Obama’s plan in Syria is the latest in post-modern war theory. If you yourself don’t know what your thinking is, the enemy can’t find out.
— Karl Sharro (@KarlreMarks) June 17, 2013
Longstanding conflicts don’t weaken extremist groups, they add to their resources – even as they drain the overall resources of the society. A prolonged civil war will certainly weaken Syria, but I don’t see how it will materially weaken Hezbollah in Lebanon. And I’d be curious to see numbers on just how much of a drain the Syrian conflict is on Iran, even in monetary terms. Most importantly, what about the radicalizing effect of a prolonged civil war on Sunnis in Iraq, Saudi Arabia, Yemen, Egypt, etc? I was under the impression that preventing that radicalization was a really big foreign policy objective. And last, there’s Daniel Larison’s point that if the goal is to prolong the civil war, it’s counter-productive to put American credibility on the line by publicly choosing sides. It would be far more sensible for us to covertly support the rebels while publicly advocating a peaceful resolution of the conflict. Drezner’s argument feels like an attempt to impose coherence on a policy that is driven by other factors.
I cannot see any sane realism here – just improvised weakness. Obama’s foreign policy seems, at this point, to be going in two directions at once. It both seeks to create the change we wanted – away from neo-imperialism and entanglement in places where our core national interests are not at stake – and yet simultaneously clings to Clinton-Bush remnants, i.e. obsessive paranoia about Iran, and impulsive humanitarian interventions like Libya. It feels like a transitional administration rather than one that has the courage of its own post-imperial convictions. Larison contends that the Ben Rhodes’ defense of the move is simply delusional:
According to the extremely broad definition, the U.S. has an interest in inflicting damage on Iran and its allies as part of a competition for influence in the region, and to that end the U.S. is supposed to aid anti-Iranian forces wherever they might be found. It treats Iran as if it were a major threat whose influence has to be rolled back. There is some internal coherence to this view, but its core assumptions are delusional. They are based on an obsession with limiting Iranian influence that doesn’t actually seem to promote U.S. or regional security, and as I believe we’re seeing in Syria this obsession is contributing to making the U.S. and the region less stable and secure. That is what many Syria hawks think the U.S. can and should be doing, and to the extent that the administration agrees with their underlying assumptions that is what explains Obama’s very bad decision.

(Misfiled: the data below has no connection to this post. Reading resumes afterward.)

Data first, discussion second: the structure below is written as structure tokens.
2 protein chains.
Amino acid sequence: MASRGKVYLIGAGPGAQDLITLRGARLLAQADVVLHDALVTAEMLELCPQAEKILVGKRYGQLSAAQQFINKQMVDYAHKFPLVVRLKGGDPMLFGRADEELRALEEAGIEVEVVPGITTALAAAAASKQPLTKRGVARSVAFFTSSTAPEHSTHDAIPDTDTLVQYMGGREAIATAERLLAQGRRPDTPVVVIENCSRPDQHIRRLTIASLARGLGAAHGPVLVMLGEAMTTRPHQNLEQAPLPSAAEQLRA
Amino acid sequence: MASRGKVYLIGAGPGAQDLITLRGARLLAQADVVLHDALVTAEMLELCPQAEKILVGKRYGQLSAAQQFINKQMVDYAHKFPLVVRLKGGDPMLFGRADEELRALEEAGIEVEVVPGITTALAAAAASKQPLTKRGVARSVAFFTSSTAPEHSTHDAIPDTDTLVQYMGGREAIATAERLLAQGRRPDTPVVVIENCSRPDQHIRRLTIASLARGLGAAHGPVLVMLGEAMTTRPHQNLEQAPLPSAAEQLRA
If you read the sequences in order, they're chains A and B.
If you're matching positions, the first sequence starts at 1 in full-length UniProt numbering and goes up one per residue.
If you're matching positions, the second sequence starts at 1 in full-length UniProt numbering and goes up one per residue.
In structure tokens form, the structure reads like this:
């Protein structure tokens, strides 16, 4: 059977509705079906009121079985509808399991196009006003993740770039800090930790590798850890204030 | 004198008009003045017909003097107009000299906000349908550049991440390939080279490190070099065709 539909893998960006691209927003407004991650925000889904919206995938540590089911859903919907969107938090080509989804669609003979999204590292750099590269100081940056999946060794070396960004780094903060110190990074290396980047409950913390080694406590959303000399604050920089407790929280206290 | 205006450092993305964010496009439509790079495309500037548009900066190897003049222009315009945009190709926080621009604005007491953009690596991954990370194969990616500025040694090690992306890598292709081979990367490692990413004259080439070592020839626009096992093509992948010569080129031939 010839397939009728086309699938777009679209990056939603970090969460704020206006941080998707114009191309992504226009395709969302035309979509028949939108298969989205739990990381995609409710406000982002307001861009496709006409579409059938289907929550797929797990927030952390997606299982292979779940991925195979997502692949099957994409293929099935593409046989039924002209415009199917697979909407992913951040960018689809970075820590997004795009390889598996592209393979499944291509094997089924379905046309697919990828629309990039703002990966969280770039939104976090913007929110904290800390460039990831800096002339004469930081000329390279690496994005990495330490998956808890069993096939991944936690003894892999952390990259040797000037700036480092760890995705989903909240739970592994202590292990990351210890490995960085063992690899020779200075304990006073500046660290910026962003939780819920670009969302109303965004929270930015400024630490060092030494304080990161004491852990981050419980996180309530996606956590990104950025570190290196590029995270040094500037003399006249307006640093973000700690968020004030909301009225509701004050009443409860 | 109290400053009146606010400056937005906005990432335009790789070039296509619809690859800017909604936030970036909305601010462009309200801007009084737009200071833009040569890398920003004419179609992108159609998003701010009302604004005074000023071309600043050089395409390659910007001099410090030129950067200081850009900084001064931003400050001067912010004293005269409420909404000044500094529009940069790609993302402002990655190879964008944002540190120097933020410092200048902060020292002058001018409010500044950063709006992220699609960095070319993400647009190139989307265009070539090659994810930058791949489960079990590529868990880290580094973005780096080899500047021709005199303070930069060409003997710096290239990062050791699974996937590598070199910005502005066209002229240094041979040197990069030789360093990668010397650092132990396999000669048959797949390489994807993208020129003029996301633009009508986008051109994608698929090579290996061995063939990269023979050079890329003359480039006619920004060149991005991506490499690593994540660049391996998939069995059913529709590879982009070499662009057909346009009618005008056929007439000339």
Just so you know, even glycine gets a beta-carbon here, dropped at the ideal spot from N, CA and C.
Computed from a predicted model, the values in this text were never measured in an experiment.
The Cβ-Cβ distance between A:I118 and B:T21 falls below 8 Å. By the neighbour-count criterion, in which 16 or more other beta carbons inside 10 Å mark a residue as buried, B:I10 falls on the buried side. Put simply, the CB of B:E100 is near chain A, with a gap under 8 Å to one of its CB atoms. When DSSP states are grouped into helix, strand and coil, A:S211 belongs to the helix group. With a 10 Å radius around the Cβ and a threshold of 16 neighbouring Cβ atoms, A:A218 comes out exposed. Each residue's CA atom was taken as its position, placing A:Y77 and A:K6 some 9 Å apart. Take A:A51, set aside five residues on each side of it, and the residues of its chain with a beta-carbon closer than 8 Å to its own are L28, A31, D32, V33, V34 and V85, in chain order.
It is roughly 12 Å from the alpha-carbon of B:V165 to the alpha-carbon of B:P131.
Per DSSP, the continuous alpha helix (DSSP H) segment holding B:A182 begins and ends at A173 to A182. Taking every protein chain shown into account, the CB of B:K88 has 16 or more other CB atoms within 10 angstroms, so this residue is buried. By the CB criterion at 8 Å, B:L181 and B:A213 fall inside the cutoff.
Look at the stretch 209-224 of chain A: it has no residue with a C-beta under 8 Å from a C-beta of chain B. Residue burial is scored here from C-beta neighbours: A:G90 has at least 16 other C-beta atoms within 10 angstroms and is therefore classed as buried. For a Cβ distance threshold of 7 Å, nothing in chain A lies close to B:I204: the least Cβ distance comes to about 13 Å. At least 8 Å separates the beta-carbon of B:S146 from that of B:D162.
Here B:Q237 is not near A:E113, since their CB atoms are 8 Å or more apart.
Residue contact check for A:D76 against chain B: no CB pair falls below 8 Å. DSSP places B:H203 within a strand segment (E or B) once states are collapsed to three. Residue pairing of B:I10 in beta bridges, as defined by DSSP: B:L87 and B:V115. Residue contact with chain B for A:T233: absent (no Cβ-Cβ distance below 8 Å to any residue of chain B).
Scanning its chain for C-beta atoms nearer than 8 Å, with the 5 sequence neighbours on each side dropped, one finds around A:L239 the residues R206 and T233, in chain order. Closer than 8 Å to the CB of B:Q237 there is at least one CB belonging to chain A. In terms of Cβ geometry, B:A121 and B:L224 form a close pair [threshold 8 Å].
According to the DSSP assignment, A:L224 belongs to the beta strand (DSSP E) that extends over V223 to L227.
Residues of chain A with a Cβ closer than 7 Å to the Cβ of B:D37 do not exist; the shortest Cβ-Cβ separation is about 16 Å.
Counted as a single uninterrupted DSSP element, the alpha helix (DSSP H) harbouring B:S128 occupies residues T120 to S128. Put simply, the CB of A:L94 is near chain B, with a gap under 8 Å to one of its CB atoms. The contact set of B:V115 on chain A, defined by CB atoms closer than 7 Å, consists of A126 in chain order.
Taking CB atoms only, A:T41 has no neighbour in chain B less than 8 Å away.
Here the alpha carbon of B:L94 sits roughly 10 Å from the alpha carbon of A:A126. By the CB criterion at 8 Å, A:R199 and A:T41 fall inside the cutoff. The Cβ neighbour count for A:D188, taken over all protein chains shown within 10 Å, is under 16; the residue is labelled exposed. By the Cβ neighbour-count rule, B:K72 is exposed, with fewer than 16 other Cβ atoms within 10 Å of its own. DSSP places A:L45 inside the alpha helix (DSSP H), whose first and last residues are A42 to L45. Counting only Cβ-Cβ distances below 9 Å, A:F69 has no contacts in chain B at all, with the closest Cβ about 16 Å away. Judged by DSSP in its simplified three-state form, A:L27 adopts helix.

Fred Kaplan isn’t worried about a slippery slope into war but remains skeptical of any realist interpretation of the move:
There is no notion here of a rebel victory; nor is Obama doing anything to suggest that this is his goal. A successful outcome, Rhodes said, would be a “political settlement”—preferably forged and imposed by the United States and Russia together—that pushes Assad out of power but “preserves some elements of the regime” while also bringing in “the opposition, who we believe speaks for the majority of the country.” This is, to say the least, far-fetched. Russia regards Assad as an ally, his regime as a bulwark of Russian geostrategic interests, and any opening to the opposition as a source of dangerous instability. In fact, regardless of one’s viewpoint or nationality, it is hard to imagine a “political settlement” that shares power between Assad’s henchmen and the various rebel factions as anything but a formula for continued murder and mayhem.